I suppose you could call Air America a failure, and from a business perspective it certainly was. It never operated in the black, and seemed to be in the midst of financial and management turmoil since before it launched in April of 2004.
But it helped catapult Al Franken into the U.S. Senate, and launched a then unknown Rachel Maddow on the path toward her own show on MSNBC, and will leave behind dozens of thriving progressive talk stations nationwide. And without the ecosystem that Air America spawned, Ed Schultz and other successful progressive talkers might never have had the opportunity to reach a national audience.
And Air America was also the platform from its Portland affiliate, progressive talk radio station KPOJ was launched and continues to thrive.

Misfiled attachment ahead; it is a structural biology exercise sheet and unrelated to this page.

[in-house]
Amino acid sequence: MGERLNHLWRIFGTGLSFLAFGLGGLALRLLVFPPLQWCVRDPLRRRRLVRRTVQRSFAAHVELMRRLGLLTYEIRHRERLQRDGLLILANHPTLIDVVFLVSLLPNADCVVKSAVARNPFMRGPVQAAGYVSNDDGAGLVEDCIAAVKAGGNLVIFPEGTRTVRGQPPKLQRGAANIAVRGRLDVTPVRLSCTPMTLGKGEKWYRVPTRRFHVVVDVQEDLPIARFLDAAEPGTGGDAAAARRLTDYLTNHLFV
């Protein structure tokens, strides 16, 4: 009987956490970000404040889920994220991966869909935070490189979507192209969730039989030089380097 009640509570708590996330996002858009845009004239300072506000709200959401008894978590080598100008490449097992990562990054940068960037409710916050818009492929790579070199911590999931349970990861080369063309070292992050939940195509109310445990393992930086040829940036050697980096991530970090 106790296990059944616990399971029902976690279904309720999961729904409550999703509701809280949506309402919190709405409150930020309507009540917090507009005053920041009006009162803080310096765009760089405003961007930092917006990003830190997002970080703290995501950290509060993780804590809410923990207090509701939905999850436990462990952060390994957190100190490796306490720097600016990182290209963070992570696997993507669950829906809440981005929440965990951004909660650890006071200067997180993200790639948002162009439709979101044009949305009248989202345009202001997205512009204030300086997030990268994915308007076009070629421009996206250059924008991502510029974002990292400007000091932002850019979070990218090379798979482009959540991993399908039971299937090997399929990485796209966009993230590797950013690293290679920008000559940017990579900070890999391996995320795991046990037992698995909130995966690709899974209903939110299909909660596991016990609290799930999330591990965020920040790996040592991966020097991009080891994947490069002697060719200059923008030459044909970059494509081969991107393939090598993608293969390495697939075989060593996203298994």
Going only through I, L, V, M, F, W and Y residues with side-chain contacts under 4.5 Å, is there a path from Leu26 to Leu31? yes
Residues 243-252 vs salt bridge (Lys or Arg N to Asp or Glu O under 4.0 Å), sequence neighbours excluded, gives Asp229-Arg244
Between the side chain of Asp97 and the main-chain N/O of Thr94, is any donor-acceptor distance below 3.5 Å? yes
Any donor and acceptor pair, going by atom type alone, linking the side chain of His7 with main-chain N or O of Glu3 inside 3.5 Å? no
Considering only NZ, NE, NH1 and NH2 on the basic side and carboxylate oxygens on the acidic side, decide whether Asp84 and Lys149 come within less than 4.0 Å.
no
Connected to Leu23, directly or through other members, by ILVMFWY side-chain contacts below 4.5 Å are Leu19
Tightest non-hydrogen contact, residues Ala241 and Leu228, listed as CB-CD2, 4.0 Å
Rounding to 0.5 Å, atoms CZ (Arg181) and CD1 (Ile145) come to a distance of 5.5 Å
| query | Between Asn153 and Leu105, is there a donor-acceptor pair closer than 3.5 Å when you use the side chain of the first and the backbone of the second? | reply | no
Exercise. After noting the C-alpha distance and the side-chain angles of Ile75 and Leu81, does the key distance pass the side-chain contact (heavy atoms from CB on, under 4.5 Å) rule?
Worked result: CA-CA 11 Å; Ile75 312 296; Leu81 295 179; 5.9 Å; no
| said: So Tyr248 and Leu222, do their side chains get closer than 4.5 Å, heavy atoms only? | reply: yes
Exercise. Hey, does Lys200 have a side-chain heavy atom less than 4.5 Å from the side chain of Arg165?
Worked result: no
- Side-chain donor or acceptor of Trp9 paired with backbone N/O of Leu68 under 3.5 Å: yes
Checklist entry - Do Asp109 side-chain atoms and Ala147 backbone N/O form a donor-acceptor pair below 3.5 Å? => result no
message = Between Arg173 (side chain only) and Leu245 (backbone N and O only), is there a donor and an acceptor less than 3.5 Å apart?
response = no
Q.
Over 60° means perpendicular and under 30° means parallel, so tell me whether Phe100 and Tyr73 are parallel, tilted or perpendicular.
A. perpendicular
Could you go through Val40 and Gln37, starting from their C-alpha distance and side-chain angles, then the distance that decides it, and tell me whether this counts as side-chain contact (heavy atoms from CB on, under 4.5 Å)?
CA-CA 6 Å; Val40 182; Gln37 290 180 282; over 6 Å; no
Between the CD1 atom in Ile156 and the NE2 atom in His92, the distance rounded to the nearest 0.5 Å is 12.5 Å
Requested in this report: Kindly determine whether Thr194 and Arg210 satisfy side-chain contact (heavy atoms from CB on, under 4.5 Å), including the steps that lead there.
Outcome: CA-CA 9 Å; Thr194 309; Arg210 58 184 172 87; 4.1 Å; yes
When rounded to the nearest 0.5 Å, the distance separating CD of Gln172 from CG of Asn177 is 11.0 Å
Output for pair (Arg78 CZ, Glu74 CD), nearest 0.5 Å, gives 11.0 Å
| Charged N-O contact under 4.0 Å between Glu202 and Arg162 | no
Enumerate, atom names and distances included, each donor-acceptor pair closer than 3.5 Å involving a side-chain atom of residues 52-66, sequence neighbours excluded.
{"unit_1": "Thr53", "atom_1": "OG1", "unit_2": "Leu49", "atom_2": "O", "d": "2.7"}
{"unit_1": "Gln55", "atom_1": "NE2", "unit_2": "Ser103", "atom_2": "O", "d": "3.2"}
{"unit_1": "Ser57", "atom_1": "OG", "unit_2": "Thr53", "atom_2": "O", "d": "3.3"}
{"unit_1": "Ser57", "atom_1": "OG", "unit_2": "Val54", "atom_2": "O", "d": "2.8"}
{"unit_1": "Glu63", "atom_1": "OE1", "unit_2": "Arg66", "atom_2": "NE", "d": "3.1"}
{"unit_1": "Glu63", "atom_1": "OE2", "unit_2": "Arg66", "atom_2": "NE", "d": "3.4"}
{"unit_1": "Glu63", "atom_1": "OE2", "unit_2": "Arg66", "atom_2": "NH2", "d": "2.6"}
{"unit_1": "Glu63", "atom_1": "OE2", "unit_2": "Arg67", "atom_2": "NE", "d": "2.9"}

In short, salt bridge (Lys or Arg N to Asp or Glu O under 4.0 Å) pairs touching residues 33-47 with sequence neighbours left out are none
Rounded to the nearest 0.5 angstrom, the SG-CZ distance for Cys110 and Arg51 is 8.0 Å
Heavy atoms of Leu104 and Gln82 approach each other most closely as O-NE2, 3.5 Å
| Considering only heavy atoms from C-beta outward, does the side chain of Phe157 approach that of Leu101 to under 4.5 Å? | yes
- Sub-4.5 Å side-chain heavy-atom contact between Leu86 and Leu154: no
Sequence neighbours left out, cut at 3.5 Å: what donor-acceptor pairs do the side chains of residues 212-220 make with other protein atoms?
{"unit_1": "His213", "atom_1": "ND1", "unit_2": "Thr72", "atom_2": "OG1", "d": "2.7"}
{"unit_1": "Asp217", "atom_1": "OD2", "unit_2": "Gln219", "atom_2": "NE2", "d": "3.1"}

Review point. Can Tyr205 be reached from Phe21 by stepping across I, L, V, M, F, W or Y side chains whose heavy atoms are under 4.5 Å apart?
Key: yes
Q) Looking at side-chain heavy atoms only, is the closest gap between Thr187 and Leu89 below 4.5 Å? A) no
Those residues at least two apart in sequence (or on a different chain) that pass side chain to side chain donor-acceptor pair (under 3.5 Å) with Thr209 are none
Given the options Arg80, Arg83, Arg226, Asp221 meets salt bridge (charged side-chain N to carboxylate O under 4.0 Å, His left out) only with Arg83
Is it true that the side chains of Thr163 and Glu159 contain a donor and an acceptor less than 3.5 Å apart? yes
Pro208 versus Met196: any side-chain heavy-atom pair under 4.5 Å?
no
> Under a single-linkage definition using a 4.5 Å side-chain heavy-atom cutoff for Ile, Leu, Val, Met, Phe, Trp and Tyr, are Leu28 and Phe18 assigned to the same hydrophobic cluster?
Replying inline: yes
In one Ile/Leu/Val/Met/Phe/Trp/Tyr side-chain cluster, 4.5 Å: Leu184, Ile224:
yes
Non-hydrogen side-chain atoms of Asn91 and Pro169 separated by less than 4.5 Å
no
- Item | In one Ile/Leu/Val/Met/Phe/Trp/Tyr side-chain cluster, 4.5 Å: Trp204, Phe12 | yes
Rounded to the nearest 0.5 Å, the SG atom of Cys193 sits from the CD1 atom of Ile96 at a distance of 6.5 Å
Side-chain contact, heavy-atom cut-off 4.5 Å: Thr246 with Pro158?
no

I wrote at the time that Air America went live that the question would be this: Is the dreadfully self-pleased know-nothingism of conservative talk radio--and at that point, conservative talk radio was nearly all there was--a function of conservatism as it now exists, or of talk radio? If it's the latter, the pressing need for an Air America wasn't too clear to me.
And yes, Air America programming has had its drudges over the years, but for every Bill Press, cheerfully steering the conversation toward the beltway truism of the week, there were Franken, Rhodes, Seder, and Maddow. (Although, for mixed reasons, only Maddow remained part of Air America's line-up at the end.)